I remember one math class in high school that was dreadful. It wasn’t dreadful because the content was boring or the activities were disengaging — though we’ve all been there, too. It was dreadful because the environment was harsh, uncomfortable, and scary.
What could be so scary about a math class, you may ask? Was algebra alarming? Exponents eerie? Integers intimidating? While the purpose of class was to increase my knowledge, I didn’t feel like this was happening, and it had nothing to do with the content.
After becoming an educator myself and reflecting on this class many years later, I now have a better understanding as to why this class left such a negative impression on me. Our teacher — though clearly bright and well intentioned — did not set have clear outlines for lectures and assignments, nor clear and upfront expectations for classroom behaviors.
For example, his questions were unplanned (I suspect) and, therefore, unclear. He would call on us right away after asking an unclear question, and I wouldn’t know how to answer. He would then look disappointed in me and some of the math whizzes would shake their heads and promptly answer correctly. Not only did I not follow the unstructured lesson and questioning, but I felt unsupported by my peers. I felt disrespected and disengaged.
Here are some ways to ensure that you are creating a safe, respectful classroom culture!
1) Start the year with clear procedures and directions
When everyone knows what’s expected at all times, there is less room for misbehavior, ambiguity, and off-topic questions. Drill these practices and procedures, just like you would a fire drill, your first few weeks of school. Start the class the same way every day. Keep an agenda and cross off items as you complete them. Always end with some sort of check. Consistently practicing these procedures and structures creates a culture where students know exactly what’s expected of them at all times. Less ambiguity = less frustration.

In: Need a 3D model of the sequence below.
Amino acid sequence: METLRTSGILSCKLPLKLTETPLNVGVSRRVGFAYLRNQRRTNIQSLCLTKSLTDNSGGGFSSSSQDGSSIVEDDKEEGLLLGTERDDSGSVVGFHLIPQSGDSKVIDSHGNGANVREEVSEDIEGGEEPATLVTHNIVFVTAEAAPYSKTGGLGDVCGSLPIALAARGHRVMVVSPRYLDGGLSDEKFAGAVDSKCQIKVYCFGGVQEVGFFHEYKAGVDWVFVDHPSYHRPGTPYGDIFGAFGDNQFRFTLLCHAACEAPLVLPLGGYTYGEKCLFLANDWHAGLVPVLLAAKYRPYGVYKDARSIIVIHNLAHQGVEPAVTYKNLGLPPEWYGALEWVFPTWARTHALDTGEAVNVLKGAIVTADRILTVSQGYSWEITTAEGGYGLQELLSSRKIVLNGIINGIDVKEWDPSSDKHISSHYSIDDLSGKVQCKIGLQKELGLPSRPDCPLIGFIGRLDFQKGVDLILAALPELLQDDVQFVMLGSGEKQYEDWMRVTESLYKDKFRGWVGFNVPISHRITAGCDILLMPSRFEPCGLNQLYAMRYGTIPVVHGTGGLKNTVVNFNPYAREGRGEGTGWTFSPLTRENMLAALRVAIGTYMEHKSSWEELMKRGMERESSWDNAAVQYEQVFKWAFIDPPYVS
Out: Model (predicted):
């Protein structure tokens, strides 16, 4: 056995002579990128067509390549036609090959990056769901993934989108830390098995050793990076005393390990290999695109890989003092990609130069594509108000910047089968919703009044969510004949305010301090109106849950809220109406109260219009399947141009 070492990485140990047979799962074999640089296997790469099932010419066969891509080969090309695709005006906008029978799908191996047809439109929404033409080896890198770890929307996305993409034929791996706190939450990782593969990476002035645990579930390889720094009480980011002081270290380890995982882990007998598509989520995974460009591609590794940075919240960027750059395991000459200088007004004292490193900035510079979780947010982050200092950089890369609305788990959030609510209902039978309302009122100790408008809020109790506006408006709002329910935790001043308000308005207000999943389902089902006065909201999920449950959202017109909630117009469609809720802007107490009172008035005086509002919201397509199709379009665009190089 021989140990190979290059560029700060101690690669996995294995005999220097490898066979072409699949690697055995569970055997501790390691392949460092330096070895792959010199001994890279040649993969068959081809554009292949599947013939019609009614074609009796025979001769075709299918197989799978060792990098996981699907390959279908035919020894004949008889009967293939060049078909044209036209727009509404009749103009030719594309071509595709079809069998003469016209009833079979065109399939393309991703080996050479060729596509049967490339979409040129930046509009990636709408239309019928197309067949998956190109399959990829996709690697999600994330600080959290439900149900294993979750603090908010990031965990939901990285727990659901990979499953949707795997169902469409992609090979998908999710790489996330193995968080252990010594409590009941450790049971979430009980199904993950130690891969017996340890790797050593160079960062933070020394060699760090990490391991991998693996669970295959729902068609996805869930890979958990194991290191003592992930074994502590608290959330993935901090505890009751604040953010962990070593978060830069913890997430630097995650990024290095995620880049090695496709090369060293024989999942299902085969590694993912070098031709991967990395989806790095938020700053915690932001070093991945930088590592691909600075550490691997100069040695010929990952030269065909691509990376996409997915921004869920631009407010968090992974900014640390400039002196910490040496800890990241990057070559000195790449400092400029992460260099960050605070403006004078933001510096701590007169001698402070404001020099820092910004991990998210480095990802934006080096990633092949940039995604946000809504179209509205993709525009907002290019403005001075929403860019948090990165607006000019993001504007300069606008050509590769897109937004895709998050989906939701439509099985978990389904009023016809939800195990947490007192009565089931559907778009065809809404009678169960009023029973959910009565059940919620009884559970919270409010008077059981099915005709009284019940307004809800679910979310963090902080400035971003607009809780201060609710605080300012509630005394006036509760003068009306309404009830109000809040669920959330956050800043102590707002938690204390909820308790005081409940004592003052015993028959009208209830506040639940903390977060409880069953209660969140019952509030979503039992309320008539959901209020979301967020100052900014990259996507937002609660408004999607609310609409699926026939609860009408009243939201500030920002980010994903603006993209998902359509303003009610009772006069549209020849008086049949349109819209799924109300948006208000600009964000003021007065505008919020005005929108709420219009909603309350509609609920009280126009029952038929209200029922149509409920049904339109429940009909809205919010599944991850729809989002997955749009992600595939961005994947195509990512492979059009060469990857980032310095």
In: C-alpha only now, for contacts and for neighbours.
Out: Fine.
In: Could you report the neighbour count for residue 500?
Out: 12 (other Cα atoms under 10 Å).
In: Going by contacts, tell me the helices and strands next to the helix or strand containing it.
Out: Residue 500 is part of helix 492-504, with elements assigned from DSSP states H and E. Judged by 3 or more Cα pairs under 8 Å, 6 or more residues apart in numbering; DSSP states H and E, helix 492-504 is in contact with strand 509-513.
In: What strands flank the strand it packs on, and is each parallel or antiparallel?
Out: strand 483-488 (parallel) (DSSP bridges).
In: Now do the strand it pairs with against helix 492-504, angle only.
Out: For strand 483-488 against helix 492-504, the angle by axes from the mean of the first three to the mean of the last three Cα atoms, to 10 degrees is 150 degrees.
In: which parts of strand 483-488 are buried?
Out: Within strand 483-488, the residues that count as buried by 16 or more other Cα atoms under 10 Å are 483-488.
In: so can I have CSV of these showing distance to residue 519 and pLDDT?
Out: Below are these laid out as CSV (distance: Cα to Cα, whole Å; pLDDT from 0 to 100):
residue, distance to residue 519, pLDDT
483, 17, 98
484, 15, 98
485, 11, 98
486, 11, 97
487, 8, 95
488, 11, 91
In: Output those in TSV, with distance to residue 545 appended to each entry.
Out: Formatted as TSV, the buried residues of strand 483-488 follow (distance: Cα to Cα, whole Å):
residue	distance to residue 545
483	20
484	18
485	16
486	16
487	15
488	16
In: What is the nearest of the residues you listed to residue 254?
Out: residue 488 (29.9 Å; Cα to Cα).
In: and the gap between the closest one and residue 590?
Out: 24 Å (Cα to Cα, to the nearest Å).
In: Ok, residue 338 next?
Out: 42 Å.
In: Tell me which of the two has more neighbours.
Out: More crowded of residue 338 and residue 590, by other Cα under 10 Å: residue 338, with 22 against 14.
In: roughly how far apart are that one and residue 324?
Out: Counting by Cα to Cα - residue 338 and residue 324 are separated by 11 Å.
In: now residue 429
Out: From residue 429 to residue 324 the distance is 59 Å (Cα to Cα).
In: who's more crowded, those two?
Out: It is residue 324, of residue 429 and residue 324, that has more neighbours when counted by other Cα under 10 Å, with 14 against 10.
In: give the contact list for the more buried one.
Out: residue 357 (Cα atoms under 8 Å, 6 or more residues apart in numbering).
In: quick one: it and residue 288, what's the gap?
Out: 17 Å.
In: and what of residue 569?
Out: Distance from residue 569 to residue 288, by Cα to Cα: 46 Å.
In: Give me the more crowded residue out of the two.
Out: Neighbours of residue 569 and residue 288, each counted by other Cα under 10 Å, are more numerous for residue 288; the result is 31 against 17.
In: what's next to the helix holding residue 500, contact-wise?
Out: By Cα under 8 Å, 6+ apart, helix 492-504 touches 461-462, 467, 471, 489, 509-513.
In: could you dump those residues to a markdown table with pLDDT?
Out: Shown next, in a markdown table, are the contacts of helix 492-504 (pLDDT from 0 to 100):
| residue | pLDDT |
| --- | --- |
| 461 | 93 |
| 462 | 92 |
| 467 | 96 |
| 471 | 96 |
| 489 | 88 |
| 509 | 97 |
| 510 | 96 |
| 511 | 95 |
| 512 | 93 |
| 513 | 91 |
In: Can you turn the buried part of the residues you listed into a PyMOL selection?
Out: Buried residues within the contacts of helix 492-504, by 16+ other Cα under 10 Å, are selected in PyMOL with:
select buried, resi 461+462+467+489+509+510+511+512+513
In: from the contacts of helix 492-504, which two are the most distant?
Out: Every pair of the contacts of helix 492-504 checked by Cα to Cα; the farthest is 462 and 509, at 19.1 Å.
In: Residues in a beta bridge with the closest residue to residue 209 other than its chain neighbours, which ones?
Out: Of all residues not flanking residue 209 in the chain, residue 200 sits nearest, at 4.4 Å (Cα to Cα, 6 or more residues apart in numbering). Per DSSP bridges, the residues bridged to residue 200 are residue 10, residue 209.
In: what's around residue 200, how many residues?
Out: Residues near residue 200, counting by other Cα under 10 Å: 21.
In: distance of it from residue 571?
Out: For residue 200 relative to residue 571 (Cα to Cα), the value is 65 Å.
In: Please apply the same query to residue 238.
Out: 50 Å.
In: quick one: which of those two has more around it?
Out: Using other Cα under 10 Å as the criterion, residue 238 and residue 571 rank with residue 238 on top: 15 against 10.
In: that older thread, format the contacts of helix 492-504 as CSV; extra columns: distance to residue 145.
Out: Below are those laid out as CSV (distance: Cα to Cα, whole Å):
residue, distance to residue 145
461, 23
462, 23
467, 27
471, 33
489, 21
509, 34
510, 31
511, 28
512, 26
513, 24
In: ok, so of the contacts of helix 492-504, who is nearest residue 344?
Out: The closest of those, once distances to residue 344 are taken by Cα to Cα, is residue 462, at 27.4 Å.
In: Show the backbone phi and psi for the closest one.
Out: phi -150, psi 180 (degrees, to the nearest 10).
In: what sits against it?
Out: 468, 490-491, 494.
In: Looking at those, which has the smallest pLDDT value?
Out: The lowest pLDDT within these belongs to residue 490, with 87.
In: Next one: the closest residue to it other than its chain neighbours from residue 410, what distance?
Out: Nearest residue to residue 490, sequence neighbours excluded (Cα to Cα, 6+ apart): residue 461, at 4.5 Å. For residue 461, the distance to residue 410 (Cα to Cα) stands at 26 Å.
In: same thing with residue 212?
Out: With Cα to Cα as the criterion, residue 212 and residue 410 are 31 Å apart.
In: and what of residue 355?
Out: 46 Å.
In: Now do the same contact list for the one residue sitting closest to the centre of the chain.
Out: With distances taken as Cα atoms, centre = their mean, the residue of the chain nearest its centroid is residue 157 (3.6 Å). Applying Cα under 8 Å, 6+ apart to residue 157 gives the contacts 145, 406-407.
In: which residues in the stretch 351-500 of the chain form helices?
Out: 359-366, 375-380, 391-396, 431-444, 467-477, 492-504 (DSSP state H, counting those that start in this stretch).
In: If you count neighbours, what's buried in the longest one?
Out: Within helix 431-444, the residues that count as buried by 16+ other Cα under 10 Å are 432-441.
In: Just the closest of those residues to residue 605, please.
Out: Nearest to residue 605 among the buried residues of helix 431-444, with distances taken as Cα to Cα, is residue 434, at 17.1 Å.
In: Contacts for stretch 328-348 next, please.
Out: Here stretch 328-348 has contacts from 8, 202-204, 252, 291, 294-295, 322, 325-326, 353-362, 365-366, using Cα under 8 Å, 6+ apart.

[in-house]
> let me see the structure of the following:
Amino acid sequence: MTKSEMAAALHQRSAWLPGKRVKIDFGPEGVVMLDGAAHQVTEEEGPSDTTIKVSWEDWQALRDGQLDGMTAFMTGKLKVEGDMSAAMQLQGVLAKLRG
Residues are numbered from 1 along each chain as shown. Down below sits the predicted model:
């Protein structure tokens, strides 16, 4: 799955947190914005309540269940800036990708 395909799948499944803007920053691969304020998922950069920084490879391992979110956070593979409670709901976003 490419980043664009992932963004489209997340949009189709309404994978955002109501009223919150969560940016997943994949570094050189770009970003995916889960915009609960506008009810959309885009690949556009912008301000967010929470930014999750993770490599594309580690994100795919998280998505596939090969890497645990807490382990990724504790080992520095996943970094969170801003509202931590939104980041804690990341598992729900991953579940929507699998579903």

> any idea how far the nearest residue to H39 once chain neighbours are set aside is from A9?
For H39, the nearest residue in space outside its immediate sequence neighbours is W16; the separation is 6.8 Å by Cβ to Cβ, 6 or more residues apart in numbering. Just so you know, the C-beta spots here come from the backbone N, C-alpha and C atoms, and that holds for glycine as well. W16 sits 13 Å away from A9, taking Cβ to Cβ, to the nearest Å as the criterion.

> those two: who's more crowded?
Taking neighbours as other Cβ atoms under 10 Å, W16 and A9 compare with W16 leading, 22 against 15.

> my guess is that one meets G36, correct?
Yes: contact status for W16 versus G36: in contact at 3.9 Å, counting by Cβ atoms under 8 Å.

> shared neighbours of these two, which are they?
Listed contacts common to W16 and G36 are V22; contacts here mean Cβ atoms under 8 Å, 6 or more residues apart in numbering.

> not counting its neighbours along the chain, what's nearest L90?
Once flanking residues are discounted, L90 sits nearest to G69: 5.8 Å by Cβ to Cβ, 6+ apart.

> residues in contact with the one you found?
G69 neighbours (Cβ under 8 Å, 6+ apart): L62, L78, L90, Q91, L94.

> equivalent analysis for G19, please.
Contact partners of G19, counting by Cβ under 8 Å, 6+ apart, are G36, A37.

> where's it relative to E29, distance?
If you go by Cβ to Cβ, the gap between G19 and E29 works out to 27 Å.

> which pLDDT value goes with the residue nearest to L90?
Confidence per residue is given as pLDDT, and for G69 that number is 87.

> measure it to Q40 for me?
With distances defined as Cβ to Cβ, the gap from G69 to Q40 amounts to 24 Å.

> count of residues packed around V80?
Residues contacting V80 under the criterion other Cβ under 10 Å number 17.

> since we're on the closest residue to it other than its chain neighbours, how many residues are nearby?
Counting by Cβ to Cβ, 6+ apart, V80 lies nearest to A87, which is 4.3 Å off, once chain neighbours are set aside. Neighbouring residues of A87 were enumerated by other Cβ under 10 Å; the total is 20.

2) Everyone participates!
One of the easiest pitfalls teachers can fall into is calling only on students who raise their hands or, on the flip side, calling on students whose hands are not raised as a “gotcha” moment. Both of these strategies are ineffective. Rather, use a system to call on students randomly, so everyone’s always responsible for the answer.
3) Wrong answers are okay, but everyone always finishes with the right answer
If a student gets an answer wrong, you need to walk that fine line between “You tried, that’s the important part” which communicates low expectations and “No. Wrong!” which makes kids feel like its unsafe to try a wrong answer. Use lines like, “It’s on the tip of your tongue, I can tell — someone help him out,” or “That’s wrong, but I’ve heard you say it before. Mark, help him out?” Then always go back to the original student, have him or her repeat the correct answer after hearing another student say it. This will allow them to leave feeling successful, knowing it is okay to try in class, even if they are unsure of the answer.
4) Wait time
If you’re asking a difficult question, give students the appropriate amount of time to think about it before calling on a random student, or let them write or talk with a partner about it. If you build in this wait time, it becomes a part of your class culture and students will feel more comfortable voicing their answers with confidence.
5) Positive responses — from students!
As teachers, we are responsible for providing positive feedback, but let your students do the work! After debriefing partner work, try asking, “Who would like to call out a glow of something their partner did well?” Also, within the last months of the school year, I recently started incorporating snapping when a student would say something poignant — and the rest of the class was allowed to snap as well. One snap for something great, two for a comment that was downright insightful and awesome. They loved the positive encouragement from not just me but their peers, and many of them wrote in their end-of-the-year surveys that they strived to get a right answer so the class or teacher would snap for them.
Would love to hear how other teachers create a safe, respectful classroom culture? Please share your ideas in the comments below!